He painted with oils on canvas, and also on composition board, the latter being larger images often 3' x 5' or greater. He never copied nature. Rather he would absorb impressions whose motifs would then gestate within him, sometimes for years, until they emerged in a controlled explosion of creativity, color and form. Even these larger works seldom took more than an hour or two for him to complete.

Executed in a vital, expressive manner unique in the realm of "animal portraiture," his paintings captured the soul of the animal while at the same time reflecting powerful archetypes within the psyche of man. The resulting body of over two thousand paintings firmly established Jenny as a fine artist with numerous exhibits throughout Europe and as far afield as Argentina.*

It was on one of these ornithological excursions bicycling in the hills overlooking the Birs Valley near Dornach, that the 14 year-old's gaze fell upon the first Goetheanum, a unique and impressive wooden structure built under the inspiration and direction of Rudolf Steiner. The lad was fascinated by the twin-lobed structure, and as fate would have it, a short time later he accompanied his parents and a small group of educators and public officials on a guided tour of what was to become the locus of Anthroposophical teaching - a tour led by none other than Rudolf Steiner himself

Thus began his study of Anthroposophy, a spiritual science with which he found particular affinity. As with his earlier experience with religion, he didn't always relate well with "Anthroposophists", but he greatly admired Steiner and read an enormous amount of his extensive writings. It was Steiner, with his emphasis on the super-sensible, spiritual dimension of life, who was to influence Jenny most profoundly, providing direction for his insatiable curiosity and a framework for his own inner strivings.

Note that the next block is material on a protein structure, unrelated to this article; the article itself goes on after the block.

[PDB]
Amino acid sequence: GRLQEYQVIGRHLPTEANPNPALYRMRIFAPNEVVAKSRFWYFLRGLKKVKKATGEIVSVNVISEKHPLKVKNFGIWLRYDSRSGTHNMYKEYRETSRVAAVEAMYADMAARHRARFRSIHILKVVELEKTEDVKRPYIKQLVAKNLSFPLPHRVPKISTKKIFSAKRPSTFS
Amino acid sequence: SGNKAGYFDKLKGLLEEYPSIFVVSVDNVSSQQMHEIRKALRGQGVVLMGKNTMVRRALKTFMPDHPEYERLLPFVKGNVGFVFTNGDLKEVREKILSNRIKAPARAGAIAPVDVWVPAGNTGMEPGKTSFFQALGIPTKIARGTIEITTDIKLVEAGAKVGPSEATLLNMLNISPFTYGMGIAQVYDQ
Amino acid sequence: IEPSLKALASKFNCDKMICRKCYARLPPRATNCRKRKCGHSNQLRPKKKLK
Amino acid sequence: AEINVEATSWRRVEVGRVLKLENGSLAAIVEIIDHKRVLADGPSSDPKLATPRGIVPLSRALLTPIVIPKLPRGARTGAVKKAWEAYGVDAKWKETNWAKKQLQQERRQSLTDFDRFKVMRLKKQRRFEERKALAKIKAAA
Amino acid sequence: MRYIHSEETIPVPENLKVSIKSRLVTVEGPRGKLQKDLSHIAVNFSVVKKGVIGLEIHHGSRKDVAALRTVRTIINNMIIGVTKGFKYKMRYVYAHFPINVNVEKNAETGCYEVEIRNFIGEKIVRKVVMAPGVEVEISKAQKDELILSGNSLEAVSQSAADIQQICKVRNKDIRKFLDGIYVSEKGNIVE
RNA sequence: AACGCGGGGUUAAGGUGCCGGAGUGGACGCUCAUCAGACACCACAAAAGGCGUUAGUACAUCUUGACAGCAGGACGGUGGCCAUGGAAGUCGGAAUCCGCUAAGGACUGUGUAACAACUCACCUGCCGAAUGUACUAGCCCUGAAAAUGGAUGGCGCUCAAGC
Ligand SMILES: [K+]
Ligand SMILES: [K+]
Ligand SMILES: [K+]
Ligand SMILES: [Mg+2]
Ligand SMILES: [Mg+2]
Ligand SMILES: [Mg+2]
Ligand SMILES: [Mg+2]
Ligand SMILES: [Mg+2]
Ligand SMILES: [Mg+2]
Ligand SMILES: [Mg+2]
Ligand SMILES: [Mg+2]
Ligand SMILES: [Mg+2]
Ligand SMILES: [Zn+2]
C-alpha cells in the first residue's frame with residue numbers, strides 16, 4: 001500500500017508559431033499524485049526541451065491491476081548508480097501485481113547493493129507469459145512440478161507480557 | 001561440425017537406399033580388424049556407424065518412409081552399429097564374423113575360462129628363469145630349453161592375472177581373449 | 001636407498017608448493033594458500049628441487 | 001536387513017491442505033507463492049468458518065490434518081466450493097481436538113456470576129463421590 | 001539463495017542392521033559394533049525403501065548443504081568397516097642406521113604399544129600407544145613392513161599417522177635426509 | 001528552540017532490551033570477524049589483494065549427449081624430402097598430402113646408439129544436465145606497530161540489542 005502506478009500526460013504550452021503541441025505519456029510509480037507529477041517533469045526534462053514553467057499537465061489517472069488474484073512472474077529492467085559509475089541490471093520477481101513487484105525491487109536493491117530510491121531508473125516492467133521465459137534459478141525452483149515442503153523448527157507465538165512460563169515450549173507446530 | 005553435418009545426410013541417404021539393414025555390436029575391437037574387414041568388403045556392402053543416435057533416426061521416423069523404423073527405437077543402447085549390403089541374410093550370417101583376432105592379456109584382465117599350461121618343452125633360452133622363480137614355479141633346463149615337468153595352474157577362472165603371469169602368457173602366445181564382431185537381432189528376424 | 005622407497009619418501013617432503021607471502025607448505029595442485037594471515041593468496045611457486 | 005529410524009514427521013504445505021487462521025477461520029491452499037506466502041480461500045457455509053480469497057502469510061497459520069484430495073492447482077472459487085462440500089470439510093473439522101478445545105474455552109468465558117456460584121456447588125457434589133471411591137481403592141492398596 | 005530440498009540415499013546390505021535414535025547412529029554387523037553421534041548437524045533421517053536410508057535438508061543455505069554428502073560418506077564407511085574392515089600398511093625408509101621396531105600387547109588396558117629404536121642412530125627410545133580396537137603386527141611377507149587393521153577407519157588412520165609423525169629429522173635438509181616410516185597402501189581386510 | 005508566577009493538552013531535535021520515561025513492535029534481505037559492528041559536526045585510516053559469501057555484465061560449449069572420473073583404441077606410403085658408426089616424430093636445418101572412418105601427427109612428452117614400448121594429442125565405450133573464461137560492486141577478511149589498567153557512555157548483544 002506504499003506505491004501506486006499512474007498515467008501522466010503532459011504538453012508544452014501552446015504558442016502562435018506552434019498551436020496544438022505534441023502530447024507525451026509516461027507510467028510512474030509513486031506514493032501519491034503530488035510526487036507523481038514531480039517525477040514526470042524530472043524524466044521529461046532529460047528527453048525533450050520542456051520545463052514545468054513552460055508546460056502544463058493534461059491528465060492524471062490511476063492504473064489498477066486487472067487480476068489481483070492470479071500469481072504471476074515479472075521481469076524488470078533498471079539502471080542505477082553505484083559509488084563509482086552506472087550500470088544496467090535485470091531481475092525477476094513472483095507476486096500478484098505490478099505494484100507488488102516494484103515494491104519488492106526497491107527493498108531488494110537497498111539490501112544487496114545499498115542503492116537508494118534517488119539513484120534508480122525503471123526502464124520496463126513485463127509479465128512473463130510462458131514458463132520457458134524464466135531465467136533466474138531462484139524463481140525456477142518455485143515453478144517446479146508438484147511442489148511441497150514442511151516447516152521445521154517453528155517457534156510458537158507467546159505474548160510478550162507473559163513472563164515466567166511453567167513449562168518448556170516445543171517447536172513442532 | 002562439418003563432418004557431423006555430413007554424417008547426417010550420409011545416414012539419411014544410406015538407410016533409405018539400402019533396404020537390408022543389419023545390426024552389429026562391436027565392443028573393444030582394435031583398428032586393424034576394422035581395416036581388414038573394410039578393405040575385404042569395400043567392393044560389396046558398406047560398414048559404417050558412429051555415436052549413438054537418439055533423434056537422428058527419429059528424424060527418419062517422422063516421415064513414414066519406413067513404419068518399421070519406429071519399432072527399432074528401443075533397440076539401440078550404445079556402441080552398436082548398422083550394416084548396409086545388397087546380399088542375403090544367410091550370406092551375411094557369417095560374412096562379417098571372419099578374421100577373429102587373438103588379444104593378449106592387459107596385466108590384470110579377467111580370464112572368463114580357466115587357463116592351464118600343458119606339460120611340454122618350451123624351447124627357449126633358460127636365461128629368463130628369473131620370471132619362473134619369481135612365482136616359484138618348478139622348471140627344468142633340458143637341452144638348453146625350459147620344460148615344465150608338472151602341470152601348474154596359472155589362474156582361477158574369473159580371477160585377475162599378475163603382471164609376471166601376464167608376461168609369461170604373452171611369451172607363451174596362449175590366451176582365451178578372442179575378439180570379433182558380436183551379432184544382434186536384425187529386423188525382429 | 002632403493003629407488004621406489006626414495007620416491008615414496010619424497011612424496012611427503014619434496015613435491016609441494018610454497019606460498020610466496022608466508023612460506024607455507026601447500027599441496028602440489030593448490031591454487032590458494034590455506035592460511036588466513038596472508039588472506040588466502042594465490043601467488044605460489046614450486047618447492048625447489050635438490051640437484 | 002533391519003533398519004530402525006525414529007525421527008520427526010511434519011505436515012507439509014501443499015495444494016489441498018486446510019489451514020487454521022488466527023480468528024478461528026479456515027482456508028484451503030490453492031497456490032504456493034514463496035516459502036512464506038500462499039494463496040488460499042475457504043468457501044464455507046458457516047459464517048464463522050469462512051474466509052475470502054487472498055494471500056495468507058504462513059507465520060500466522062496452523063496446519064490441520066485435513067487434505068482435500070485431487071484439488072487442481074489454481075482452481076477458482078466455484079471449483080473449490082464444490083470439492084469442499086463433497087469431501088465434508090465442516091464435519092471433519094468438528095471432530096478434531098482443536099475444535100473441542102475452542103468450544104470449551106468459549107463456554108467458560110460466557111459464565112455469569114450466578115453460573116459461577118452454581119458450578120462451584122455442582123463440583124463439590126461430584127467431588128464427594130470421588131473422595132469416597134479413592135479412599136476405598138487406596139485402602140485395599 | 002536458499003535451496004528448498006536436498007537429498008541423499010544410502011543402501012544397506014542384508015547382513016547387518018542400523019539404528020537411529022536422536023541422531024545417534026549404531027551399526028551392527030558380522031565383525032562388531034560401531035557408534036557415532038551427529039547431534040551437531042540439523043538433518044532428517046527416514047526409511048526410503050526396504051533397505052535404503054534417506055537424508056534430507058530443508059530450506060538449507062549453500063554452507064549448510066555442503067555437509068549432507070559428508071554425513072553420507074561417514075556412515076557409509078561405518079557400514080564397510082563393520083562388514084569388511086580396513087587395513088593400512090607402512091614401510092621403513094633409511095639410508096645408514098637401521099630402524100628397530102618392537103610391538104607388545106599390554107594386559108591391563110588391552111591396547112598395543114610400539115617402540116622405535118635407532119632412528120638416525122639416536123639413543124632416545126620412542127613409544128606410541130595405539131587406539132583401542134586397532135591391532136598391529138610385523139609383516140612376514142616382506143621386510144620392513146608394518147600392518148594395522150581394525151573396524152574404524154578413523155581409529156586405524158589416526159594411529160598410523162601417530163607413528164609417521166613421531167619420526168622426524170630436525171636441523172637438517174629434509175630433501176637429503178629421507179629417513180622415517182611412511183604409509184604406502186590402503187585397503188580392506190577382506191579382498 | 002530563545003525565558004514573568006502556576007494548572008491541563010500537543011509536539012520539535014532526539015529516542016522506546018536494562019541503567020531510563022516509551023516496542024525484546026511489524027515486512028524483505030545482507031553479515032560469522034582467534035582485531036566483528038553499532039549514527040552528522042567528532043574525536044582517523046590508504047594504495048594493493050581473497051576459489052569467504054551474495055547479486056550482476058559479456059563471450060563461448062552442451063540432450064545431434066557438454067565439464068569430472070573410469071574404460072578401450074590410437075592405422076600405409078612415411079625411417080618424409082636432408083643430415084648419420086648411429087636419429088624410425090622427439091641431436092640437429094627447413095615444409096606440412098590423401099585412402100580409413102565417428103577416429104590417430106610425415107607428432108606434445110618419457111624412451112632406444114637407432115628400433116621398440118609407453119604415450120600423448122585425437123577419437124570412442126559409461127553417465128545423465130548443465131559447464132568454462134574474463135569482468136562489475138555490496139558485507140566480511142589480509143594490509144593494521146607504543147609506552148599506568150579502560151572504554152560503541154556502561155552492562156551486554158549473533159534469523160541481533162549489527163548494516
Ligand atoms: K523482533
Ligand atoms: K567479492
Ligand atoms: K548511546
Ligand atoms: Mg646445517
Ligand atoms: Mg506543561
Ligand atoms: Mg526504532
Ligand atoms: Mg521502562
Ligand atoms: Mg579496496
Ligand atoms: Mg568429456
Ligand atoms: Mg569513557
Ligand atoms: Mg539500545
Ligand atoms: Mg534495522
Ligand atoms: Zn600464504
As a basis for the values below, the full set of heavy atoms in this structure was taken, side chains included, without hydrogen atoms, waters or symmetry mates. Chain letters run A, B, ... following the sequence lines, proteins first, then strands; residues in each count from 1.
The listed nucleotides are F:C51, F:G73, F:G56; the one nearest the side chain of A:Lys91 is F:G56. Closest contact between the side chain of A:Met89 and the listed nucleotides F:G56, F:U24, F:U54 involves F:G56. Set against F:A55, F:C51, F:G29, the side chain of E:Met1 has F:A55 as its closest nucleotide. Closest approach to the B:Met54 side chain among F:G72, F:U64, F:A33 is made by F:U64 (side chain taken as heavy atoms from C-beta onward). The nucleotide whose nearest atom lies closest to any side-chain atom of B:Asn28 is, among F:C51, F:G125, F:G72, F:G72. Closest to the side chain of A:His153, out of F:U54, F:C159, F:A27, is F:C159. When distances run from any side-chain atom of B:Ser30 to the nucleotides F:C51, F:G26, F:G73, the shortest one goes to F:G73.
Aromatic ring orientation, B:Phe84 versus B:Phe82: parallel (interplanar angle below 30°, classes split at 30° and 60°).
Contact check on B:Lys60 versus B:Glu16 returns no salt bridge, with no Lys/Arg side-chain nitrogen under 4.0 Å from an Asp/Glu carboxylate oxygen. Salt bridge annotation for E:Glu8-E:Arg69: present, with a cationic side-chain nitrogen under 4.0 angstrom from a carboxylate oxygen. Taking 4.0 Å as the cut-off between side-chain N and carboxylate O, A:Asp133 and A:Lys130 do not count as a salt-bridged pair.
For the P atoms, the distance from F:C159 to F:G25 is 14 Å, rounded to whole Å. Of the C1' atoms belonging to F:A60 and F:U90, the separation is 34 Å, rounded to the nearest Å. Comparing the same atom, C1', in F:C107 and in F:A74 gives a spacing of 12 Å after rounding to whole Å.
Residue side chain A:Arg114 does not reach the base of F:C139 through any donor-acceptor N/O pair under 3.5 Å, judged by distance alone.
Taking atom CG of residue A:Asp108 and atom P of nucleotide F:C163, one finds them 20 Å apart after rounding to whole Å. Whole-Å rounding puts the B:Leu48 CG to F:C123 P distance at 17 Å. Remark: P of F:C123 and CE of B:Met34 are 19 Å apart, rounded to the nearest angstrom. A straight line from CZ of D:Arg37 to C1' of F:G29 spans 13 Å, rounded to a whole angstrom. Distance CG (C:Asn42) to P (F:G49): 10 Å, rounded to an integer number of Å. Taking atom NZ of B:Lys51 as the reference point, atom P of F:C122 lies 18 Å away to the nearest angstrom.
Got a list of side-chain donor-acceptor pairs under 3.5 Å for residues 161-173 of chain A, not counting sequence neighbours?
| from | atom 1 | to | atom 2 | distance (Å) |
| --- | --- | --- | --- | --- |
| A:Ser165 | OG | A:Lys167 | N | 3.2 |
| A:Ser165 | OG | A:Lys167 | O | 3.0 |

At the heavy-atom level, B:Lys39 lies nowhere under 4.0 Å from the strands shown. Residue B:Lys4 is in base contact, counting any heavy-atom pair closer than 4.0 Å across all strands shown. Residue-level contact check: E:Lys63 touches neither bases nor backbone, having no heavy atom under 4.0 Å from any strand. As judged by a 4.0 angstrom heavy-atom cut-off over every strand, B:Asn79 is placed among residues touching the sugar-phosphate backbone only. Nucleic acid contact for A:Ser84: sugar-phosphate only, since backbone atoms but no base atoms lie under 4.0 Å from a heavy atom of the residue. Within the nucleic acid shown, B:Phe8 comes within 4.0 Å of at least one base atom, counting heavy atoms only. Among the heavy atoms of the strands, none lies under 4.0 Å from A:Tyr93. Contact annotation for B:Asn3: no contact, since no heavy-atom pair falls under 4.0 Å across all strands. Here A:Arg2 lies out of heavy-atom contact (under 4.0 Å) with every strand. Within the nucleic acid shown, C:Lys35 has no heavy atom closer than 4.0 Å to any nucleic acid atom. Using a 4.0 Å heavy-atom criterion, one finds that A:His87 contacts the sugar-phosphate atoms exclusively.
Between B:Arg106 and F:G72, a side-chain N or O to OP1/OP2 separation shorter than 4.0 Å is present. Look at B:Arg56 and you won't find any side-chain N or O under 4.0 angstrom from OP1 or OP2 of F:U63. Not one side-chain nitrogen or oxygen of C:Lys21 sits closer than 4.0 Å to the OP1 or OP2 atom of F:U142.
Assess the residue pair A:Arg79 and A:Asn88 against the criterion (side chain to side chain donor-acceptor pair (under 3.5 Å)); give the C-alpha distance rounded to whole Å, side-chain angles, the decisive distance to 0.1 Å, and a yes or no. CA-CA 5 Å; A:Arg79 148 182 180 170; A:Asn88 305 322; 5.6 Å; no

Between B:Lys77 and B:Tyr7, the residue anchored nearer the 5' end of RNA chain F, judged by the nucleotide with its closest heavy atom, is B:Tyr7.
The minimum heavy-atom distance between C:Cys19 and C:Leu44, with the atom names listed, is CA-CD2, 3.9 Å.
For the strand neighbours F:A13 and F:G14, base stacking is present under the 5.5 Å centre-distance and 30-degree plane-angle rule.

Not surprisingly, Jenny proved a good student, and was already giving lectures on Anthroposophy before he had even finished medical school. After completing his doctorate he taught science at the Rudolf Steiner School in Zurich for four years before beginning his medical practice. And even with a bustling practice, he still found time to keep up with the latest advances in the natural sciences, to travel and lecture, and of course, to experiment in a whole new field of science, Cymatics!

Dr. Jenny would frequently begin his lectures stating that he hoped that his research into Cymatics would open the eyes of others to the underlying periodic phenomena in nature, which he so clearly perceived. An earlier book, published in 1962 in German, was entitled "Das Gesetz der Wiederholung" or "The Laws of Repetition." Although those experiments were rudimentary in comparison to what is contained in Cymatics, Volumes I and II, his inner eye was already looking far ahead with daring and inspiration.

Jenny liked to quote an aphorism of Heraclitus, "All is flow. All is in flux." More than a favorite maxim, this was a very apt and pointed characterization of the man himself. The outer form of things, their skin or surface appearance, proved no boundary for his insightful mind and penetrating gaze.

Much like the Cymatics experiments brought to light underlying principles of nature, Jenny's indefatigable spirit of inquiry, and unparalleled powers of perception revealed his ardent desire to know, to understand, to feel and be at one with the very essence of life, a force which he felt deeply within.

It was a tremendous privilege to work side by side with Dr. Jenny for those many years, and I only hope that this brief synopsis will convey some semblance of the character of this most remarkable man who was Hans Jenny.